I have been toiling away as a blogger for 18 months now, I hope you feel I am starting to understand this new medium. My decision to begin a blog was to continue a conversation. For 30+ years I have worked across classrooms, schools, districts, education department central offices, chains of stores, multinational conglomerates and everything in between. I have worked with CEOs and Super-Intindents, classroom teachers, principals, eight-year-olds and school receptionists. I have come to learn a lot, I have been privileged to work with people that amaze and astound me.
My personal gift from this journey has been one utmost central and important lesson.
The world is full of people and all these people are unique and truly beautiful with their own set of beliefs, strengths and insecurities. And these uniquely human pieces are just amazing when they come together and act as one.
This lesson sparked me 20-odd years ago to begin formulating my ideas that today, I call my Whole Person Learning Model. Where each person is a combination of their Intellectual Qualities, their Emotional Qualities and their Social Qualities – IQ, EQ, SQ.
As an American I lived through the No Child Left Behind (NCLB) period of a previous administration. I personally saw the impact such policies had on teacher morale and principal self-esteem. This week sees Australian schools complete their national tests. Governments all around the world are currently, or at present planning, such national tests. I guess these tests are now part of the landscape of our schools.
But these tests have made me pause for a moment and reflect.
If my 30+ years of work with people has had any impact, I need to think about the Whole Person in these testing regimes. How do tests of literacy and numeracy measure the Whole Person? Aren’t schools more than literacy levels? Isn’t the IQ, EQ, SQ balance of a child, classroom, school or entire system important? Don’t we need to reflect on the fact that good schools might have low numeracy levels. Yet these same schools may be developing human beings that will make an incredible impact on the world in years to come?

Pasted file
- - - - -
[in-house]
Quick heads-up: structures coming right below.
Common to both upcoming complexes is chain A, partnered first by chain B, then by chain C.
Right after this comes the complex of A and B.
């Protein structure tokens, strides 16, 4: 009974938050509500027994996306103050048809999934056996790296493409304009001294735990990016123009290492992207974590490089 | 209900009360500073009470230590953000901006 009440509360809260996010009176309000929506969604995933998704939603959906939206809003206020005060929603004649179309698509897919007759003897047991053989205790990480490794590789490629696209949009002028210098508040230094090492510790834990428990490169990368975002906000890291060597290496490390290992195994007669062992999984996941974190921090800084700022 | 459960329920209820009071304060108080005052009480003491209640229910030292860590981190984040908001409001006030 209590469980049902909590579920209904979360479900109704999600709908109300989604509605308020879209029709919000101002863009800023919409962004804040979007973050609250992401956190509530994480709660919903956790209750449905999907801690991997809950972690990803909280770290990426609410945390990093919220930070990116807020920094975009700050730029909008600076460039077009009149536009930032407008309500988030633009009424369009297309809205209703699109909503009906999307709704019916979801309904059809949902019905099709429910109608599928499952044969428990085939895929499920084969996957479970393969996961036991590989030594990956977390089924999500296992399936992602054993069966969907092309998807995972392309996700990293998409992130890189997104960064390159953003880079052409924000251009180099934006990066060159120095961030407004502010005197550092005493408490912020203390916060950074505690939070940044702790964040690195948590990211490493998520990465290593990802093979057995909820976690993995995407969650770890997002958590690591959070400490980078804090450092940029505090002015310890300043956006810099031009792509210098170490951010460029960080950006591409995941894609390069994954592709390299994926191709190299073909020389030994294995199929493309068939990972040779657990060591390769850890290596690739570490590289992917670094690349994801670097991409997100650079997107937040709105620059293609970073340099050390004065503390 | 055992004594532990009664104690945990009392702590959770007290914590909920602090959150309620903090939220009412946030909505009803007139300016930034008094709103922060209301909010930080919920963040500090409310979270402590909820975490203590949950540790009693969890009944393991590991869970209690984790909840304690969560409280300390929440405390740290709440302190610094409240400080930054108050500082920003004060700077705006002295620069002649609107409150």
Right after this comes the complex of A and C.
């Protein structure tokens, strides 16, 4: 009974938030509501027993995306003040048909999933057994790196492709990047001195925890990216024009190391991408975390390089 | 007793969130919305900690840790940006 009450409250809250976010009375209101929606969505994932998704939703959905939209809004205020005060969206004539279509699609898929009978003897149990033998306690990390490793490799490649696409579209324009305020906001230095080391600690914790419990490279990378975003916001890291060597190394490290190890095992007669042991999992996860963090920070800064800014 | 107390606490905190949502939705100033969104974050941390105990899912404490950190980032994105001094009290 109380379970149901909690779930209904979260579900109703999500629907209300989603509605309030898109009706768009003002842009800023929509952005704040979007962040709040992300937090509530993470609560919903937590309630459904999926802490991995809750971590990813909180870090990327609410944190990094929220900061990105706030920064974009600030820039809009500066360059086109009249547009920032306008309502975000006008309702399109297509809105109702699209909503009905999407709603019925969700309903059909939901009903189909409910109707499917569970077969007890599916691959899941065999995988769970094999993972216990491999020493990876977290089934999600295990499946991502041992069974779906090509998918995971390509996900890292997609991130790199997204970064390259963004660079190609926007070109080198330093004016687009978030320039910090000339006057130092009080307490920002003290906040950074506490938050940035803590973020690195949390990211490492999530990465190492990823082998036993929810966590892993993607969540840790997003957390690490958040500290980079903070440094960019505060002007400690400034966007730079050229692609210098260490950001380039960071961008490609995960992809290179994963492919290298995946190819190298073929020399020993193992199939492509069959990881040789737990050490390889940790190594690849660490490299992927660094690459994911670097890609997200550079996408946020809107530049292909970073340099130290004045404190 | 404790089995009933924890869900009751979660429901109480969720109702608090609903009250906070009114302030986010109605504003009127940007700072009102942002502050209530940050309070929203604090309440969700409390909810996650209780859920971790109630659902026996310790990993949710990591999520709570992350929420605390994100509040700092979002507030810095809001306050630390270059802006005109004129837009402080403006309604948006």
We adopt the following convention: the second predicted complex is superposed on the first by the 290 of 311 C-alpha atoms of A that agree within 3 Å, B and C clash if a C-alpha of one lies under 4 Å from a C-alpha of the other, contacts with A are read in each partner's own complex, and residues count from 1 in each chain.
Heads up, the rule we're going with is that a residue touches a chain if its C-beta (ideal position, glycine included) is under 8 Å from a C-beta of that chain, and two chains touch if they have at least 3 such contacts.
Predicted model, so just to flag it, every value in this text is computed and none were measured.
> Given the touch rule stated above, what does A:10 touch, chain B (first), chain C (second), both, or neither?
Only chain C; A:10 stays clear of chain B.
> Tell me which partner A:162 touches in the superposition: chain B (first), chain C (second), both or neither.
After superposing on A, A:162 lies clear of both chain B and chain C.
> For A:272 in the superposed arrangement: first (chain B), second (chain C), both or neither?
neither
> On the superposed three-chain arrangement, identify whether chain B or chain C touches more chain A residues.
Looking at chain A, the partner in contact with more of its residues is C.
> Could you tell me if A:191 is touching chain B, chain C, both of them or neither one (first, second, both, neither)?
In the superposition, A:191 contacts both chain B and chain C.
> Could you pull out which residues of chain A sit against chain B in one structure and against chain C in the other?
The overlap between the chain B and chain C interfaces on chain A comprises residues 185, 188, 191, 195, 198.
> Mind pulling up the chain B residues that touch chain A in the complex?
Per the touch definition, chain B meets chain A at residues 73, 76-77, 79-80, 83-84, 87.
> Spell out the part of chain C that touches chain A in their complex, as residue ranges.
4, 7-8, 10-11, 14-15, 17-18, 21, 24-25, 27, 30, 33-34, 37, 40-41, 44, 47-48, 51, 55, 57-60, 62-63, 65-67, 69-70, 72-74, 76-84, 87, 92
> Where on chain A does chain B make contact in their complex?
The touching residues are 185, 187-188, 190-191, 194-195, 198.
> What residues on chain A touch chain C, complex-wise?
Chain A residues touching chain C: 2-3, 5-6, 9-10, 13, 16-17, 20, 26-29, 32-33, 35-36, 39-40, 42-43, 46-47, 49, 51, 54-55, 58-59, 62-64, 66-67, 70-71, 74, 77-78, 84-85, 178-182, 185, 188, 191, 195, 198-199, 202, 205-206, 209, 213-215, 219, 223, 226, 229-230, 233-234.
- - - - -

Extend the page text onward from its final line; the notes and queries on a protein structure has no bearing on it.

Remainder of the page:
I have to believe that the decision makers who are rolling out these national tests must be asking these very same questions themselves.
These questions are not easily answered and I don’t haveÂ the answers myself. In fact, I am not even sure that I have any answers. What I do know is that my education over 60-odd years has instilled in me a need to ask the hard questions. Because of this, I am willing to live ‘in the question even though I can’t always answer it. I am willing to live in the paradox of questions without the certainty of closure. I feel that the questions are important to our students and the future generations to come.
These questions and this thinking lead to this whitepaper – Beyond Standardised Tests – in which I try to think through this issue. I hope you read it and it triggers some of your own questions. I hope it prompts you to stop and give pause for a moment too. And please, once you’ve read the piece let me know your thoughts whether in email or the comments section below.